Were there a lot of drugs around in the Can days?

 

I donít know anybody of my generation who did not take drugs that time. With Can music was a drug, with Network also, music is drug! If you like to get high, I tell you to visit our gigs and listen into it... You donít need any kind of drugs! You can drink water or you smoke normal cigarettes... Still you can get stooooooned with Network!

 

I heard that you painted, do you still?

 

Itís a pity that I donít paint nowadays. Once I was living from painting for a short time, for instance when I lived in Seven Sisters, London 1969. I sold my pictures (which was not really interesting stuff, just kind of abstract stuff) at Green Park and in the tube and got money to travel to Germany. I painted a lot when I was in Wexford, the Republic of Ireland, before I moved to London. A kind of Pin-up painting style, dream girls! (ha ha). I donít have a good technique but I had my own ideas during the Can time. I discovered my own style which is not art, more comics, but not really comics. There is one poster for Can as well, which was hanging on the wall of Innerspace Studio. Iím intersted in the video art of Bill Viora and Astrid Heibach. I love Miro too. I wish to paint again but I think Iím painting at the moment in a different way with Network... I paint on space and time. My brush is more individual, everything is coming out a beautiful thing, ugly thing, light thing, heavy thing, peaceful, madness, cool, freaky, sausages, sushi, fish and chips...

 

With your experience of life, what advice would you give to younger people now?

 

Travel, this is best thing you can do with money you get from your job. Meet people who live at the end of the world, go places, get no information, just go there. Actually I have travelled since I was a teenager. My roof is everywhere. I take a rucksack, just buy an air ticket and have no plan at all. Iím not interested in seeing famous buildings or beautiful landscapes. No, Iím not interested in any tourist attraction. The important thing for me is to travel with native people, living like them and understanding them. I have visited about 60 countries on different continents. Everywhere I have been I have liked, even dengerous situations. But, I still like it... because, if you experienced it with yourself itís kind of a movie, a movie of your own. After a tour you can tell your friends all about your experiences. I mean, Itís a very important thing in your life that you can tell your own experience in your own tongue. Most of the people in this world are very passive. Information comes through the media and they believe it and then speak about things which have nothing to do with them, that they donít understand because they are getting second hand information. I went to Guinea (West Africa) and you must pay money every time you enter each village. One day I passed many many small villages and I was very tired about this system... Itís not for the money I payed as itís almost nothing if you come from western countries. Once I said ďnoĒ then this ugry man in military uniform came out with a machine-gun and put it at my neck... I was almost pissing in my trousers. After this happened I crossed the Niger river and on the opposite bank I saw a blind musician with his instrument sitting in the shadow, escaping from the hot sun. I asked him to play his music and told him what had happened shortly before, I wanted to have a good impression of Africa, but with such an ugry man I thought that my Africa would die in my head. I told him something like that. I donít know if he understood. But he played his instrument and sung with his deep voice. There was nothing around, just nature and sound, it was really great with his deep voice, and this voice melted into far nature. And a couple of minutes later, about 50 people were around me and everybody sung together! I was in the middle of a circle... It was one of best concerts I ever went to! One in the audience and 50 people to make music! A concert only for me! The same year I went to Northern Mali, I lived with a nomad (try to read ďnomadĒ backwards) for 3 days. He lived with 3 wives. He told me ďIn your life you need only three things... water... green... and... your smiling face...Ē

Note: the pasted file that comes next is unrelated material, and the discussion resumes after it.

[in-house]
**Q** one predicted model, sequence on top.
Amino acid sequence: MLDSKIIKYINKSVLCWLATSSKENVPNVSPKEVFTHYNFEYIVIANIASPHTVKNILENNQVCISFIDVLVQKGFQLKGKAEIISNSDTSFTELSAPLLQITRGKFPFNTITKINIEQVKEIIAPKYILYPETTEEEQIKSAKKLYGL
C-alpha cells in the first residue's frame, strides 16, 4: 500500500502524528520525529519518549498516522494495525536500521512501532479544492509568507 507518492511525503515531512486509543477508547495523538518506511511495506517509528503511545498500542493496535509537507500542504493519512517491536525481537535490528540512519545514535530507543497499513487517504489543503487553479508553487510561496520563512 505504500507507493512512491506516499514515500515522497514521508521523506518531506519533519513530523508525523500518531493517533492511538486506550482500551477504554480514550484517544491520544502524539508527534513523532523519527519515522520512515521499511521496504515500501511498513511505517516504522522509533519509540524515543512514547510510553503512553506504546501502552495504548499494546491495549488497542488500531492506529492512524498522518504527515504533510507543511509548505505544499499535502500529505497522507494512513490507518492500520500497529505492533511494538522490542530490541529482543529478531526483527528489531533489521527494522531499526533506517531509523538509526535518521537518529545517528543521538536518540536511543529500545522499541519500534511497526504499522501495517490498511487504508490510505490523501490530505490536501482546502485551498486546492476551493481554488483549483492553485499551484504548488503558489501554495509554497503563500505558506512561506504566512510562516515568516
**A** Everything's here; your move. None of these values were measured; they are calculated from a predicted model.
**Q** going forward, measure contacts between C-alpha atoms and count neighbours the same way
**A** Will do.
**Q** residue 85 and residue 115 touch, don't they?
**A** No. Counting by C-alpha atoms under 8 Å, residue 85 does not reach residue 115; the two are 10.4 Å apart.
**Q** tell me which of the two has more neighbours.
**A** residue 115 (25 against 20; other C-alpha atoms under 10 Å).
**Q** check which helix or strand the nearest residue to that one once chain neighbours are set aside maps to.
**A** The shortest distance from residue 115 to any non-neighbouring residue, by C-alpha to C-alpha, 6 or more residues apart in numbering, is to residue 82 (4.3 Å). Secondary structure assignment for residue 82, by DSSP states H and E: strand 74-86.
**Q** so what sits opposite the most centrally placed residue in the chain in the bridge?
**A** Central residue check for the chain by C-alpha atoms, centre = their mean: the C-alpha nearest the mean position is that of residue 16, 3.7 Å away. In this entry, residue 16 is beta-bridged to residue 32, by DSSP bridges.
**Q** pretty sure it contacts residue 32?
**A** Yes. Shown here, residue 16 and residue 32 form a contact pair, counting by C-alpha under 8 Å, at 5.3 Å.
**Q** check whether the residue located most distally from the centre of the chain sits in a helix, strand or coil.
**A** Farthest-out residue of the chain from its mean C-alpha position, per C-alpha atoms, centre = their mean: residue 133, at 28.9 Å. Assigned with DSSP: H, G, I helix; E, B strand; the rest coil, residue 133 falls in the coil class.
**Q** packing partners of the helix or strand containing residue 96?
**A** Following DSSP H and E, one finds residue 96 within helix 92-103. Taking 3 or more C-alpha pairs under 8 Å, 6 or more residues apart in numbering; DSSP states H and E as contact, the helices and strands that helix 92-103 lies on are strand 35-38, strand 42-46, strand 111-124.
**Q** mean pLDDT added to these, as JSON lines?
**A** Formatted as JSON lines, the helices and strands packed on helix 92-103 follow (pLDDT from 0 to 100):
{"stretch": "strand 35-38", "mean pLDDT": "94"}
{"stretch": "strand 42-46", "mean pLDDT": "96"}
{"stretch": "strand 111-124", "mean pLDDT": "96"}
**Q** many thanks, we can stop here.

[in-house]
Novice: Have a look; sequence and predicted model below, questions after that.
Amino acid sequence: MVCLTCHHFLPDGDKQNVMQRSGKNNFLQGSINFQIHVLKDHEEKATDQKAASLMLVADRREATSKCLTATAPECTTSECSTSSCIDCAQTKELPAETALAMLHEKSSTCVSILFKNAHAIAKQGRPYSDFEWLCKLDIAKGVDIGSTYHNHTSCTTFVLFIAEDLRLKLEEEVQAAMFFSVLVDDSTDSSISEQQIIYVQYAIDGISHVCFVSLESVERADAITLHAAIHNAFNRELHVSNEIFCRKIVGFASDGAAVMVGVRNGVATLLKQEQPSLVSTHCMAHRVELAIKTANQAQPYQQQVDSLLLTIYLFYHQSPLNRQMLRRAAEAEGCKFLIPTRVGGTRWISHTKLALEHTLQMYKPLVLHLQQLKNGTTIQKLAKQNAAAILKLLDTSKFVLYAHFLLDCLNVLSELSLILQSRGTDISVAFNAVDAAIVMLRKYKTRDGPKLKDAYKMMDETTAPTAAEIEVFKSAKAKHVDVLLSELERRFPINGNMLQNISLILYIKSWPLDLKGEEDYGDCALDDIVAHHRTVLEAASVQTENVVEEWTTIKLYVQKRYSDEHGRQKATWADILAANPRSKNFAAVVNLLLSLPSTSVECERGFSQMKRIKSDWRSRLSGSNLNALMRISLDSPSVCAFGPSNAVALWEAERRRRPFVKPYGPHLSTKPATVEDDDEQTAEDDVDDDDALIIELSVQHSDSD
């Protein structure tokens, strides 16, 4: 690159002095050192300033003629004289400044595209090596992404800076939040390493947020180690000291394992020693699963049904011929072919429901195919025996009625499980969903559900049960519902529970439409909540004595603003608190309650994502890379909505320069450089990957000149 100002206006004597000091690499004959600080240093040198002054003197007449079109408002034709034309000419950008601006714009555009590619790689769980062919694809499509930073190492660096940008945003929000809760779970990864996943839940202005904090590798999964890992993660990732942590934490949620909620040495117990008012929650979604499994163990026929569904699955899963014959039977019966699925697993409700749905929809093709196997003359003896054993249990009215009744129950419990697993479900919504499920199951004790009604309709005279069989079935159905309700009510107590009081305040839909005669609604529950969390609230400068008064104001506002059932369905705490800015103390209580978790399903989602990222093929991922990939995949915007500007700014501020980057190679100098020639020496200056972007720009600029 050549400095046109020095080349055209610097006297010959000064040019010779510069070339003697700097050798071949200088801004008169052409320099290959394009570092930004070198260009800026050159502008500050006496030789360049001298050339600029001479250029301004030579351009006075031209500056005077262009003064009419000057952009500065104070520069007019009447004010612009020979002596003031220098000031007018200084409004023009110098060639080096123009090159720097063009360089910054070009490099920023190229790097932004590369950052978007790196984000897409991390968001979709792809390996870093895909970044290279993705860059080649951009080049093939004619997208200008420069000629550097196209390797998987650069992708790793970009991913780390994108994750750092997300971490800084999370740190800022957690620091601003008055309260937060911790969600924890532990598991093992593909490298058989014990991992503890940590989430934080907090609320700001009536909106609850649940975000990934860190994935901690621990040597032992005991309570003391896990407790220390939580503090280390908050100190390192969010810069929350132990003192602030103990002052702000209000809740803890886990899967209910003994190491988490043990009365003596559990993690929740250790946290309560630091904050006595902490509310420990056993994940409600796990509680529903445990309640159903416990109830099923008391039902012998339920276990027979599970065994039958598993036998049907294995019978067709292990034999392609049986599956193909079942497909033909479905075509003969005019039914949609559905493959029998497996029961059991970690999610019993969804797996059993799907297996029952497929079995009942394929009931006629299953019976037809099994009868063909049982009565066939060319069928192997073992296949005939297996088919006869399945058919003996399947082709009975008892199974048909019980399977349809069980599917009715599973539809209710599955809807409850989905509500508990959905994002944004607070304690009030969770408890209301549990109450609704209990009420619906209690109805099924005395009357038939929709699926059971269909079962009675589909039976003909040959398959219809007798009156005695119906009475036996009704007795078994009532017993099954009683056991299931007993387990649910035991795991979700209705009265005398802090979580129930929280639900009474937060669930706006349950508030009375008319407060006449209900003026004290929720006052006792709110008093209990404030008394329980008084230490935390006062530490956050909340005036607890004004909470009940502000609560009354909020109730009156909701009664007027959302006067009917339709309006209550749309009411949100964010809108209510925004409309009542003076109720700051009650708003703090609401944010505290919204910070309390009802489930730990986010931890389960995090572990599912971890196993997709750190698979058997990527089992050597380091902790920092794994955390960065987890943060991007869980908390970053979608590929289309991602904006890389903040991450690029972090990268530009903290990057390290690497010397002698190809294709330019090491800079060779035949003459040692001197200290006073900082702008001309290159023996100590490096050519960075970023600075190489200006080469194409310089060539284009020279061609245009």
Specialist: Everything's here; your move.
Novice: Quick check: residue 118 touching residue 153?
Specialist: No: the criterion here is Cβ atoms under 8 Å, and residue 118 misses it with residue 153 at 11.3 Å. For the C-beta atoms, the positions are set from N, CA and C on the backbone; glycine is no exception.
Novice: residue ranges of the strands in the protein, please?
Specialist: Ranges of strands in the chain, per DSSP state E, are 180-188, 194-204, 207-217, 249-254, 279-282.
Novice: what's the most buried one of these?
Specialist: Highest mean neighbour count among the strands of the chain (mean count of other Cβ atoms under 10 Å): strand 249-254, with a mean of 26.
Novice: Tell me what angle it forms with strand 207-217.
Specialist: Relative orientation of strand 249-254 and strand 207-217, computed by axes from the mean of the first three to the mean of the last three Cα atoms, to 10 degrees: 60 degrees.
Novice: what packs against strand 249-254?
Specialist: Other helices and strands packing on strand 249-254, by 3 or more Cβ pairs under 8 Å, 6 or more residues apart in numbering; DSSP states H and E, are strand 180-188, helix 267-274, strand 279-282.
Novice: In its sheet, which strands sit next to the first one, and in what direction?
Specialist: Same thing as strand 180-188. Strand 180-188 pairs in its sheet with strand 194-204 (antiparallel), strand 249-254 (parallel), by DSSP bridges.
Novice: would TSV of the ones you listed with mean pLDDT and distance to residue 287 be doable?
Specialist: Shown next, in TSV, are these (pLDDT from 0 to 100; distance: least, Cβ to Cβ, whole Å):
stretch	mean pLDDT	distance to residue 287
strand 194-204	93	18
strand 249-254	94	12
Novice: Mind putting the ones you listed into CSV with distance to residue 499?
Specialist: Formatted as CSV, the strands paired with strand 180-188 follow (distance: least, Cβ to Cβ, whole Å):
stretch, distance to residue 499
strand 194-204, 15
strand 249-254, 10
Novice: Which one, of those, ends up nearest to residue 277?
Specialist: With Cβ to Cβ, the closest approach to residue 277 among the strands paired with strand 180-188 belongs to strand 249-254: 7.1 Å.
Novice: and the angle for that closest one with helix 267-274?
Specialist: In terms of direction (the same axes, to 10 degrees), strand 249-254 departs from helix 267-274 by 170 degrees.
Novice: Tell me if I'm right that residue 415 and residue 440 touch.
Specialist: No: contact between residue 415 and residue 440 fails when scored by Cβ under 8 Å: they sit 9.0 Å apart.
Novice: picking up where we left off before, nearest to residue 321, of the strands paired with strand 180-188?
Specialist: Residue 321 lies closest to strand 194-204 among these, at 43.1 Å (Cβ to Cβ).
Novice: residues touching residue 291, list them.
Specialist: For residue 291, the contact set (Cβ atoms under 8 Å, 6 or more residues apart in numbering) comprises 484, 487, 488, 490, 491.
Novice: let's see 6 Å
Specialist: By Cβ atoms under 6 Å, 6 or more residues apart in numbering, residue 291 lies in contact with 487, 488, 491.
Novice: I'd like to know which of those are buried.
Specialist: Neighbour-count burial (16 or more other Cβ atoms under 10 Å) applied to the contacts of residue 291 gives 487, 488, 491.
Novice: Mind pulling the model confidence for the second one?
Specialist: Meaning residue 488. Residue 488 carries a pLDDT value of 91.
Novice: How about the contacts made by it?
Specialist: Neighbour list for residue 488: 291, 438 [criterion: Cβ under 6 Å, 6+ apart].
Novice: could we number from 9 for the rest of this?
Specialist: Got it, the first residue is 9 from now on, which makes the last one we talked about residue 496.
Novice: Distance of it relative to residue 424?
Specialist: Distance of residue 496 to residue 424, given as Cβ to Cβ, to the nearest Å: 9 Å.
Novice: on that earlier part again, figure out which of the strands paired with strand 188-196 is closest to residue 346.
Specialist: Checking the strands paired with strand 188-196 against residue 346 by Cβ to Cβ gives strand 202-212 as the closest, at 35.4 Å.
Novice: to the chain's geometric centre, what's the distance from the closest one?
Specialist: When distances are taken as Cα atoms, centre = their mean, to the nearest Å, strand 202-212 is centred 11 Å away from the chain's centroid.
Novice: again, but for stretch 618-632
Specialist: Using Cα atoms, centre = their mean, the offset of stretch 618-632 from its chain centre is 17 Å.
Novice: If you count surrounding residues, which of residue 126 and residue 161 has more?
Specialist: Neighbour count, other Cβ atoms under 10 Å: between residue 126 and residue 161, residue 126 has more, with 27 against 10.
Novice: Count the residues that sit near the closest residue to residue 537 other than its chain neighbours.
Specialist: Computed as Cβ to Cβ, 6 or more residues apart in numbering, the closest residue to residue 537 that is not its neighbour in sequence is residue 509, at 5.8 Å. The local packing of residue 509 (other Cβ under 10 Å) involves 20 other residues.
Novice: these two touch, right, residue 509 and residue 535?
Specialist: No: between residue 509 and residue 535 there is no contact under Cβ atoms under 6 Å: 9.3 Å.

Are you still a Jehovahís Witness?

 

Iím a Jehovahís Witness no more, but I believe in their God and I do believe in the Bible, which gives me a way of truth. Also, itíll never die whilst the morals of today are changing and changing. There were really hard days when I had cancer in Ď83 (at age of 33). I did the operation without a blood transfer, I had a strong will to live. Before the 1st operation the doctor said that without a blood transfer there is only a 30:70 chance of living. Still I survived. I didnít take blood from others. The wonderful moment when I came back from the coma I saw the most beautiful scene in my life. Everything was so... living! I was really so happy that I could cry! A couple of years ago I heard from my former wife that at the time the doctor had told her that I would live for around 7 years more. Since then, already 17 years have gone. And you know I feel really goooood! If you see me sometime somewhere you cannot believe that Iím 51 years old. I feel like a fresh fish in water. Iíve much energy to do things which I never did in my young years. For instance going alone to the Sahara. Since this hard operation I take care of the time which we are always losing. I donít like to have any time just doing nothing. I like to feel my life with a loved person. So thatís why Iím really really happy to see an audience with a smiling face. Because ďliveĒ is the most important thing in your life. So, I keep on going with real ďliveĒ music and I do believe this way to make music is the best and only way that I can show you from the heart.